steps/tips to create an online company


A friend of mine and I are planning to start a new company in the US. He and I are full time employees on different companies, but we are planning to invest out of work hours/weekends to start our new company. We plan to provide custom software development services and we also plan to develop our own software products and sell them online.

My question is: what are the basis to start an online based company?

We live in different states

Thanks for the advice

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asked Mar 11 '11 at 07:03
35 points
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4 Answers


I suggest you do the minimum needed:

  • agree how you will share the responsibilities and how you will be compensated (have this in writing)
  • figure out what you need to get the 1st piece of business (web site, marketing?)
  • when you get your first piece of business, then take the next steps
    • set up a business entity (plenty of resources out there with advice)
    • set up a business bank account (to keep the finances clean)
    • get cracking delivering client value
answered Mar 11 '11 at 07:49
Michael Teper
201 points
  • Thanks for the response, seems like we did the right thing, we already created the web page, registered the domain and hosted something simple. I would guess that incorporating is the next step? would you recommend a specific state to do that? I've been reading about it and looks like Delaware is in general the choice of small and big software companies – Tivo 13 years ago
  • Incorporation is a big step, its expensive (both in the short and in the long run), and it may not be right for a small operation in its infancy. Don't jump into it, you can always start as a small proprietorship and incorporate later, when you know what you will actually gain by incorporating. – Michael Teper 13 years ago
  • @Michael, what did you mean "a small proprietorship", would LLC be a good choice to start with? – Tom 12 years ago



  1. You and your friend will probably no longer be friends once all of this is over
  2. Since you are far enough apart, chances are one person might be working while the other jerks around, but not to worry, both will stop working once the harder worker realizes he is carrying the load.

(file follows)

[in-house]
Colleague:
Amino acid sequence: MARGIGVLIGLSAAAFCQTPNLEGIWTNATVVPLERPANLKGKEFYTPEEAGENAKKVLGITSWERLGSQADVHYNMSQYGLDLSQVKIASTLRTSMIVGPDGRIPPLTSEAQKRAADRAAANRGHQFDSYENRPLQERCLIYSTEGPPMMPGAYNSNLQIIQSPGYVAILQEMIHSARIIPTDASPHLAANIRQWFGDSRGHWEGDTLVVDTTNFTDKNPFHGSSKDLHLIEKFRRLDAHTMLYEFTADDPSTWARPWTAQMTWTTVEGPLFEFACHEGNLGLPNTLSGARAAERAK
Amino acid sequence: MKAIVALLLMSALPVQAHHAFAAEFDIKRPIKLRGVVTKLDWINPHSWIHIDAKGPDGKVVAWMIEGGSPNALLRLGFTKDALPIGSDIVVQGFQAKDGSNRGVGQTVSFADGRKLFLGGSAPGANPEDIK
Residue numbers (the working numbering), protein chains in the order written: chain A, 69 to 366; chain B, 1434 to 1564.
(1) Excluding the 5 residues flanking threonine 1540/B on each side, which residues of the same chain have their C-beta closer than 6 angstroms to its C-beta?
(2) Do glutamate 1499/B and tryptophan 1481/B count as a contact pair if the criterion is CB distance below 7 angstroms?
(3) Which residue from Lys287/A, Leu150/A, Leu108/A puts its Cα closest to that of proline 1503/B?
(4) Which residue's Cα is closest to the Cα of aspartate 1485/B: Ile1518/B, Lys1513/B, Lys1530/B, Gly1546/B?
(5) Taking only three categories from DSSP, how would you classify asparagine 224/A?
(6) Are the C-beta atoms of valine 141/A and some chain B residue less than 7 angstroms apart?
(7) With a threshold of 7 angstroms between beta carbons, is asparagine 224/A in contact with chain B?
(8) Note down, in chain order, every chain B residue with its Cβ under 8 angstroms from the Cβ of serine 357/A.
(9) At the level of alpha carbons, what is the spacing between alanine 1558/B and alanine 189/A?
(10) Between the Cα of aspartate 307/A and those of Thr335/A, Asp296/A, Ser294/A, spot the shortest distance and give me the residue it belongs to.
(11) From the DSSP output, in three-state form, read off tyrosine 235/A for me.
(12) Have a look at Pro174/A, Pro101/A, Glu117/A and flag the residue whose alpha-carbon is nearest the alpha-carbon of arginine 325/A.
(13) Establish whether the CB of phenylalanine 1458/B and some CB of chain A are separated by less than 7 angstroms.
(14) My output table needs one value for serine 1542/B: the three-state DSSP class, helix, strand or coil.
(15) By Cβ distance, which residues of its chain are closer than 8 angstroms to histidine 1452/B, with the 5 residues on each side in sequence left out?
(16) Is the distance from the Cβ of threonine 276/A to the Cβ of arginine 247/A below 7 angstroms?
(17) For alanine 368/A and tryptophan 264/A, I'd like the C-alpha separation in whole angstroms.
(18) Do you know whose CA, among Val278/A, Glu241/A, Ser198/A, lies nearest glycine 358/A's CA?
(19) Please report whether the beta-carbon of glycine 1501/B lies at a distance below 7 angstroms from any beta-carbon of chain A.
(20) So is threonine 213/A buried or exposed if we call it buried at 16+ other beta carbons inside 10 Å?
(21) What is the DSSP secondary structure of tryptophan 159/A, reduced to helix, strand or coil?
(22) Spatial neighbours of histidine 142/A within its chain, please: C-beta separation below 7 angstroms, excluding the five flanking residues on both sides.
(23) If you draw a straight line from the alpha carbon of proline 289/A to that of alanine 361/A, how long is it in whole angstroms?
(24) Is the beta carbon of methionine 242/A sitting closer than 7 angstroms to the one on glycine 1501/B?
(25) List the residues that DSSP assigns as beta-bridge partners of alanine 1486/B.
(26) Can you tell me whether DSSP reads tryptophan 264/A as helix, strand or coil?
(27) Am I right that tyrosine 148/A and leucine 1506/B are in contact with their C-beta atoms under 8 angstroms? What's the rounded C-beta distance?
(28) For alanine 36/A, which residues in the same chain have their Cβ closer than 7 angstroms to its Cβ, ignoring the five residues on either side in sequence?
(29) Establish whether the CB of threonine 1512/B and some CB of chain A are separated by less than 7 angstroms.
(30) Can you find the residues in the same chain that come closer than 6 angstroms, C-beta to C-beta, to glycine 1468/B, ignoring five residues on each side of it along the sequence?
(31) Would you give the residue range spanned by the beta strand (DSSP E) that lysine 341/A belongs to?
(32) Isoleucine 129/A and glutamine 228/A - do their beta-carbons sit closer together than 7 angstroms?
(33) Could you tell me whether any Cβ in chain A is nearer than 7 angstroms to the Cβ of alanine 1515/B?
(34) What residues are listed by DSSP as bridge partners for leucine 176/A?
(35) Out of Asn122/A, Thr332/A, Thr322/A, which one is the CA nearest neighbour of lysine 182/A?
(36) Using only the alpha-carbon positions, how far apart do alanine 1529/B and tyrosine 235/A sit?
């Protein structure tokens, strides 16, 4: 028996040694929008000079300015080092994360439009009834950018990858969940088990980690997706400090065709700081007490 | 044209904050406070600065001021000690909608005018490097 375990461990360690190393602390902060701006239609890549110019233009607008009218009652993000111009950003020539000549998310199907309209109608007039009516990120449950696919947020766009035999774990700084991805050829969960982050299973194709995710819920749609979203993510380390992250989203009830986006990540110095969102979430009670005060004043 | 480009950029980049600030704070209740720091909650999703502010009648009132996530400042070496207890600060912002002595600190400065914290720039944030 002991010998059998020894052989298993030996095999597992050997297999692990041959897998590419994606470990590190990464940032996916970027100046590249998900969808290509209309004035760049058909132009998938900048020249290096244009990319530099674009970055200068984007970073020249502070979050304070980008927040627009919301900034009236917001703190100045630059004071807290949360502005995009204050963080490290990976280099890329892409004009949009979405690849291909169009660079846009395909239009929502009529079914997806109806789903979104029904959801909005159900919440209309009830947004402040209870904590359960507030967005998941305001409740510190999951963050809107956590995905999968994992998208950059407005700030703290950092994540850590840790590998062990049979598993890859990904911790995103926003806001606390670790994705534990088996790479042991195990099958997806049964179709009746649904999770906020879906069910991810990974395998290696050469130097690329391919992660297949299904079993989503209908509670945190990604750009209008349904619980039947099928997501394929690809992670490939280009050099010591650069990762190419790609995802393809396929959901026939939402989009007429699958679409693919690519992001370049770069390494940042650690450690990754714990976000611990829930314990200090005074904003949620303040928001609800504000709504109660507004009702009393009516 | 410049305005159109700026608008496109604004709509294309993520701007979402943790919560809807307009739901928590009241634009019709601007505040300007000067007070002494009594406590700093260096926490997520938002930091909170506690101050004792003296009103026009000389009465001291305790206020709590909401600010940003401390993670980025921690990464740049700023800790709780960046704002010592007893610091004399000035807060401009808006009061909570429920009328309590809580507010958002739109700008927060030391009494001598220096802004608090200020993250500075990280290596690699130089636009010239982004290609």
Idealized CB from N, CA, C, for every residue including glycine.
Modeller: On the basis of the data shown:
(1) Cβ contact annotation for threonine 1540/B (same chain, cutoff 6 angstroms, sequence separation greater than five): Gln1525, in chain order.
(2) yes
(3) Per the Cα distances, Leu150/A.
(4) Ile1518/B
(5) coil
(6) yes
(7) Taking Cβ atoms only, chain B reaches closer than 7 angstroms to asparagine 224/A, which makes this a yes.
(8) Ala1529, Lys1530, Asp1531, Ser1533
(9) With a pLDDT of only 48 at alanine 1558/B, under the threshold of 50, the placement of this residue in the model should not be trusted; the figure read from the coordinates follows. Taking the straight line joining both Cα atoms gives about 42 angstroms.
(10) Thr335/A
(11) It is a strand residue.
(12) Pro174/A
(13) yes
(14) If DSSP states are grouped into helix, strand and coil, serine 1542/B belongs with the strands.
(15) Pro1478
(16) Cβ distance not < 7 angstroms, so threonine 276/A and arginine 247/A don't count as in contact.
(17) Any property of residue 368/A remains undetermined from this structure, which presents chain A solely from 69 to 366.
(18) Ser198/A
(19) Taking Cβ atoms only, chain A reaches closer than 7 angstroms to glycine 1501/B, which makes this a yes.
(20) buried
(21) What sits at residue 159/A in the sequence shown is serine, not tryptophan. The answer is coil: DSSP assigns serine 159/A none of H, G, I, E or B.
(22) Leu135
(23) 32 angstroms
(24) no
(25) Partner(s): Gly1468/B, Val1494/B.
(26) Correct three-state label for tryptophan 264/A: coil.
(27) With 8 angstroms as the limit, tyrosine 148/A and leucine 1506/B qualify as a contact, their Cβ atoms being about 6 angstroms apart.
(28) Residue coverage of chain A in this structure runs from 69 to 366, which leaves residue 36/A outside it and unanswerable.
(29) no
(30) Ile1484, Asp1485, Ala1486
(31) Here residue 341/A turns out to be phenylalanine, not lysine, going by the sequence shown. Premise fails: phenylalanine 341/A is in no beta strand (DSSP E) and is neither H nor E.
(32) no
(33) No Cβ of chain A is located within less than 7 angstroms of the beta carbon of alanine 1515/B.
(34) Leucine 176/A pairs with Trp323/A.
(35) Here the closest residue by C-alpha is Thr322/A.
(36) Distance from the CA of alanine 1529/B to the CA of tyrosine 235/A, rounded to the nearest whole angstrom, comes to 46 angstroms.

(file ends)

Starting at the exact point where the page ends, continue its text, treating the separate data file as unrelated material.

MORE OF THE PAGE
3. Weekends is just about enough time to run a business, that is if your business is selling useless crap at the local flea market, or selling lemonade in front of your house.
  4. Your IDEA SUCKS! why would anyone hire a weekend consultant to build software? Last time i checked, when we hired contractors we looked for a good deal (offshore), and for a slave that could work 40+ hours.

Owning your own business is not glamourous, part-time, or a walk in the park. Involving friends is a dumb idea 99% of the time, and really only fucks you over in the long run.

Do yourself a big favor:
1. Save some capital
2. Come up with a real idea you can build yourself
3. Code it on the weekends, or when your boss is not paying attention at work
4. Keep your mouth shut about your idea, dont brag, tell anyone.

5. Launch your project, and test the waters, see how it does.
6. If it does well, use some of that capital you saved up to market it
7. once it earns you 125% of what you earn at your job, and if it still has room for grow then you are ready to quit your job and take it seriously.
8. Hire someone to help you. If its your friend whom you enjoy working with make sure he is qualified to do the job as any employee you would hire, and make sure that he is doing it for the same $$ as anyone you could get.

answered Mar 12 '11 at 09:42
2,079 points
  • Frank, thanks for the response. – Tivo 13 years ago
  • 1. We know that there are some risks, I personally would hate that to happen, but I would hate more to start something with someone that I don't trust from the beginning. – Tivo 13 years ago
  • 2. I agree, and this is something important to be addressed before anything is set up. 3. In Software Development time is relative, and productivity depends on the developer expertise of a particular technology and also on the motivation level of the team. Just to give you an example we developed a mobile application for android enabled devices, and going from a simple idea to have a first stable release it took us (my friend and I) 2 weeks of work, yes nights and weekends only. It is a priced application 0.99 and we have over 5 thousand downloads so far – Tivo 13 years ago